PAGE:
Copyright 2001 American Medical Association. All Rights Reserved. Applicable FARS/DFARS Restrictions Apply to Government Use.2001
Since the publication of the National Tobacco Cessation Guidelines in 1996 by the Agency for Healthcare Research and Quality,1 much work has been done to incorporate effective cessation interventions into medical practice. The adoption of brief cessation strategies by different types of medical practices has been a hallmark of this effort. The American Academy of Pediatrics has made an effort to encourage pediatricians and family physicians to address parent tobacco use during routine visits,2,3 while commentaries in pediatric journals have encouraged interventions for parents who smoke.4,5 Perez-Stable et al6 stated that "physician visits for young children present an opportunity to effect behavior change among smoking parents." In an accompanying editorial, Christakis4 concludes that "there are notoriously few things that we do as part of well-child care for which there is sound evidence of benefit. Smoking cessation counseling is among them." Unfortunately, such recommendations are based on an extrapolation of the strong evidence supporting outpatient interventions in adult primary care rather than on studies in the pediatric setting. To date, there are no published studies demonstrating sustained (1-year) smoking cessation arising from brief pediatric office interventions.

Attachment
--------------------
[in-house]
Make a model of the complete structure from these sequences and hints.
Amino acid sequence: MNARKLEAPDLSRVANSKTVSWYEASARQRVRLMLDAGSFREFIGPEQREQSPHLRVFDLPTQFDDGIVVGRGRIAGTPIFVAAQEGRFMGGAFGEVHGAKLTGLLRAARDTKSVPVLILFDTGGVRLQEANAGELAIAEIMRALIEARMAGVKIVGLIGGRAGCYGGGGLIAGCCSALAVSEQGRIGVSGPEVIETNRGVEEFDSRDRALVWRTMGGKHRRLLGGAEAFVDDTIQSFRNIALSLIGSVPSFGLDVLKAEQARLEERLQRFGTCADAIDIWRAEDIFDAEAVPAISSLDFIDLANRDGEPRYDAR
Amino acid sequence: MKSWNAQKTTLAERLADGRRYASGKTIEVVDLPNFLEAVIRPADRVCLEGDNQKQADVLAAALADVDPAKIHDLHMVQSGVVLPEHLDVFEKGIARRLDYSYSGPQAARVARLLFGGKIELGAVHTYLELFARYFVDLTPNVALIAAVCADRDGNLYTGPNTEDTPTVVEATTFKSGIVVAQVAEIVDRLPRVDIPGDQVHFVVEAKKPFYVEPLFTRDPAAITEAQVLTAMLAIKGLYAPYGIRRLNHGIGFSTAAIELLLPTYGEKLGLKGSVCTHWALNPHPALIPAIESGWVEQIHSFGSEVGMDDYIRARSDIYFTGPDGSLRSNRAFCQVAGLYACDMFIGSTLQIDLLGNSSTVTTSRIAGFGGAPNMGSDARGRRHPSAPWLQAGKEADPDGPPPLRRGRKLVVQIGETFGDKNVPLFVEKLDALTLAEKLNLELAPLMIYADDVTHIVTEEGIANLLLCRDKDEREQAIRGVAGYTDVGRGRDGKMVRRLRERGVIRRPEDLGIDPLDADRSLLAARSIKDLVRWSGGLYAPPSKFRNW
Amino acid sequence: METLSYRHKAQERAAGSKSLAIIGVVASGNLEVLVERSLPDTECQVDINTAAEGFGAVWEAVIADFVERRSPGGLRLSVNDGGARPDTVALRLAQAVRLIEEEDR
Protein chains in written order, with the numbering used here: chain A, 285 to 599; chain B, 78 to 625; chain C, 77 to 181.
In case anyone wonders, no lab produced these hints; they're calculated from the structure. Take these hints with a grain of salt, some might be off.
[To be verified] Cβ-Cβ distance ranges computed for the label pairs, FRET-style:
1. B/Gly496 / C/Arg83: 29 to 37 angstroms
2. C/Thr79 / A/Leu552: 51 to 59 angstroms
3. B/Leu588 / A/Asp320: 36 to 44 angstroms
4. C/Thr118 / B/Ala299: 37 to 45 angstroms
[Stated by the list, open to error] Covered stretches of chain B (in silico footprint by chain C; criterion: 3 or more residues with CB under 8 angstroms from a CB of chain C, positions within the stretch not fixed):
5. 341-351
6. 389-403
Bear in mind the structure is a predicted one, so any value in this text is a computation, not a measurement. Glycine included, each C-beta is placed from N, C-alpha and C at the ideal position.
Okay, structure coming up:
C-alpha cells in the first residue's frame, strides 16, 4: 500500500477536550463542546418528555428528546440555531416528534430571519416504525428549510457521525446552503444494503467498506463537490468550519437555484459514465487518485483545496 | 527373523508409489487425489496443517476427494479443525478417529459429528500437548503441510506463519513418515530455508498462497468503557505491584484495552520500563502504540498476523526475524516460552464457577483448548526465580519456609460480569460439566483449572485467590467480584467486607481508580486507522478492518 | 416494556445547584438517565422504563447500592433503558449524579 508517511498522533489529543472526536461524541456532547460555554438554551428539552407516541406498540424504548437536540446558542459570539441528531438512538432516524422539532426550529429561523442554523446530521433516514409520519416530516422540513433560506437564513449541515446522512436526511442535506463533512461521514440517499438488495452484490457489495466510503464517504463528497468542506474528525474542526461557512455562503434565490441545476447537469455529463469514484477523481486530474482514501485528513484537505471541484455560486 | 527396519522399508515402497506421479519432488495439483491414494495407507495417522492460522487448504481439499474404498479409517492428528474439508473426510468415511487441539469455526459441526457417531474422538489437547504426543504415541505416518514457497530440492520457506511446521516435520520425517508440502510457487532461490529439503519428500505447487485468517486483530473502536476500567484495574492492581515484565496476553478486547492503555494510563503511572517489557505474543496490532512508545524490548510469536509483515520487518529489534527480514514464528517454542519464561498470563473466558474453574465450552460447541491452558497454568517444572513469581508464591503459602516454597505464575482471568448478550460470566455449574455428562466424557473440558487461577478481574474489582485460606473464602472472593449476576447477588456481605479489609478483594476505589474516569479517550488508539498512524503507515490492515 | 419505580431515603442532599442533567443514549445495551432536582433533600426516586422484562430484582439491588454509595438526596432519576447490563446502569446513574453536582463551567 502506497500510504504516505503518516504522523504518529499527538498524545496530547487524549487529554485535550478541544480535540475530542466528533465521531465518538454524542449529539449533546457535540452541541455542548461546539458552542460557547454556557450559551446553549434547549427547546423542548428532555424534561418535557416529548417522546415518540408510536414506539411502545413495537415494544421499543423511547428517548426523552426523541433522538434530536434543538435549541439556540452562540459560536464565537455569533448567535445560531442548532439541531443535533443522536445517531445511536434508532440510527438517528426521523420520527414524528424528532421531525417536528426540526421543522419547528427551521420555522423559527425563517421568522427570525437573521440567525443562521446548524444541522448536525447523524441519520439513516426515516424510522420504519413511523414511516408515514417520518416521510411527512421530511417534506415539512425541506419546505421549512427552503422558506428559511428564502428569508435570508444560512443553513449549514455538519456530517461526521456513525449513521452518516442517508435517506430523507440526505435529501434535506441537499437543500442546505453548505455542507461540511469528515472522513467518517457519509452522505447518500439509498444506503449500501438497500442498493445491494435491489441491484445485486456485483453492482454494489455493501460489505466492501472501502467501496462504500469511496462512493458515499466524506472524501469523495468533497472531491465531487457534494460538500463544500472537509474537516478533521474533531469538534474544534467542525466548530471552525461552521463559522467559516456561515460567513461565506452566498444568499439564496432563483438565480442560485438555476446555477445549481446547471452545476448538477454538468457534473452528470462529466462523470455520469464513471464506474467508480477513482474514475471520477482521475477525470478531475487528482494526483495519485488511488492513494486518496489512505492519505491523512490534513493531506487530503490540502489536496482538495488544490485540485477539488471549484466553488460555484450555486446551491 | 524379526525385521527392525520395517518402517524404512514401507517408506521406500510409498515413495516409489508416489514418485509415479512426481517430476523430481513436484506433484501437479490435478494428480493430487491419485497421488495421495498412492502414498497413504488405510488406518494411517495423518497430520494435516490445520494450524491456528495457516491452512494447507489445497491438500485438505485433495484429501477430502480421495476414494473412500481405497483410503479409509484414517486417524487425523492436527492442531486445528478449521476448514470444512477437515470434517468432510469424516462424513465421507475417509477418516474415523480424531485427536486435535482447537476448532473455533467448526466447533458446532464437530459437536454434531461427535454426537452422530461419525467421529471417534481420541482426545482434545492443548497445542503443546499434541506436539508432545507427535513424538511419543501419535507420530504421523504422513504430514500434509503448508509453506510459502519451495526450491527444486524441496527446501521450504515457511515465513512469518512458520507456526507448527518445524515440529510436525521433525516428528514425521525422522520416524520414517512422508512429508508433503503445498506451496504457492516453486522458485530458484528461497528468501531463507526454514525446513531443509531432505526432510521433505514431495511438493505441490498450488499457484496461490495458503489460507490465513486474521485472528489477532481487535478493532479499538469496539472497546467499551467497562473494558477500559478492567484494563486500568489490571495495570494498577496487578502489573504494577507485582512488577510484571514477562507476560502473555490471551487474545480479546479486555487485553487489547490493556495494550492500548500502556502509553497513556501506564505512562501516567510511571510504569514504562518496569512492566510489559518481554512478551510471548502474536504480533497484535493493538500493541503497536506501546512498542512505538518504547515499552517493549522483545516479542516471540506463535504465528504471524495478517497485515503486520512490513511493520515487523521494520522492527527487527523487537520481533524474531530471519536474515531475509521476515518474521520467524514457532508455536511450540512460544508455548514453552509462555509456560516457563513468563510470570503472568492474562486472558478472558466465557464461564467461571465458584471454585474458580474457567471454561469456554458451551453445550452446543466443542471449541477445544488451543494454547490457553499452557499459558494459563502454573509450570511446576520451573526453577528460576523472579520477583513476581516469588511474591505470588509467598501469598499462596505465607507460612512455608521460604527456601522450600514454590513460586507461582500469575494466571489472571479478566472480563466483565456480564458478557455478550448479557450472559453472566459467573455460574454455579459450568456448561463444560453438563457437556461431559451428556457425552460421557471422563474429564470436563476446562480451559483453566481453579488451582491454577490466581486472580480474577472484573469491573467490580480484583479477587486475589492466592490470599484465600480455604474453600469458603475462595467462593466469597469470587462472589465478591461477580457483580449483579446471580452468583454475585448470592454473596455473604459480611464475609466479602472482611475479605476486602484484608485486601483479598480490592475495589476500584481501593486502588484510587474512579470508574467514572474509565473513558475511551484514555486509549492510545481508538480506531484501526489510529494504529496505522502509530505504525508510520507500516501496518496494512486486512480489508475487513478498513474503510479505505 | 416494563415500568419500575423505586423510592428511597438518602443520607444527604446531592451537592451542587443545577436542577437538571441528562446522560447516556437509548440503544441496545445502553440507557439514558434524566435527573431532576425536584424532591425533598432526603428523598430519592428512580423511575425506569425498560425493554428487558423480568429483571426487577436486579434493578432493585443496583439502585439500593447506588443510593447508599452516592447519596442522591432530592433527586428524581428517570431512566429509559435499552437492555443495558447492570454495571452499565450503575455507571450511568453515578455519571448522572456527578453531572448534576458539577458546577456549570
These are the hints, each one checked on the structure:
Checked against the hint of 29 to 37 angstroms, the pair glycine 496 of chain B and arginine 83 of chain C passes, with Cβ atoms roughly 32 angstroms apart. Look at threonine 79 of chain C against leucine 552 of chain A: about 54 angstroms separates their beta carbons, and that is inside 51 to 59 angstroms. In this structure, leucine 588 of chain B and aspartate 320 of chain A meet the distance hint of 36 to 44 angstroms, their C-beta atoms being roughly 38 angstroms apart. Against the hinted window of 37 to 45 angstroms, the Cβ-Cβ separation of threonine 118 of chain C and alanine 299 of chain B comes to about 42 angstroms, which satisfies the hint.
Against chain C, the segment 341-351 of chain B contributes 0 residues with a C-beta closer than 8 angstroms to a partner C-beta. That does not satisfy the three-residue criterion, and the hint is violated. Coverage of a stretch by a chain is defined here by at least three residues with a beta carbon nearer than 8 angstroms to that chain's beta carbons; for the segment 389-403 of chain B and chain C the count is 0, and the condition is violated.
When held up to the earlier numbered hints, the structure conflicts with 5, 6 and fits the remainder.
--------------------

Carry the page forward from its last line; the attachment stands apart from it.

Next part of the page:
France EK. Counseling Parents to Quit Smoking: Little Evidence of Long-term Success. Arch Pediatr Adolesc Med. 2001;155(7):858–859. doi:10.1001/archpedi.155.7.855
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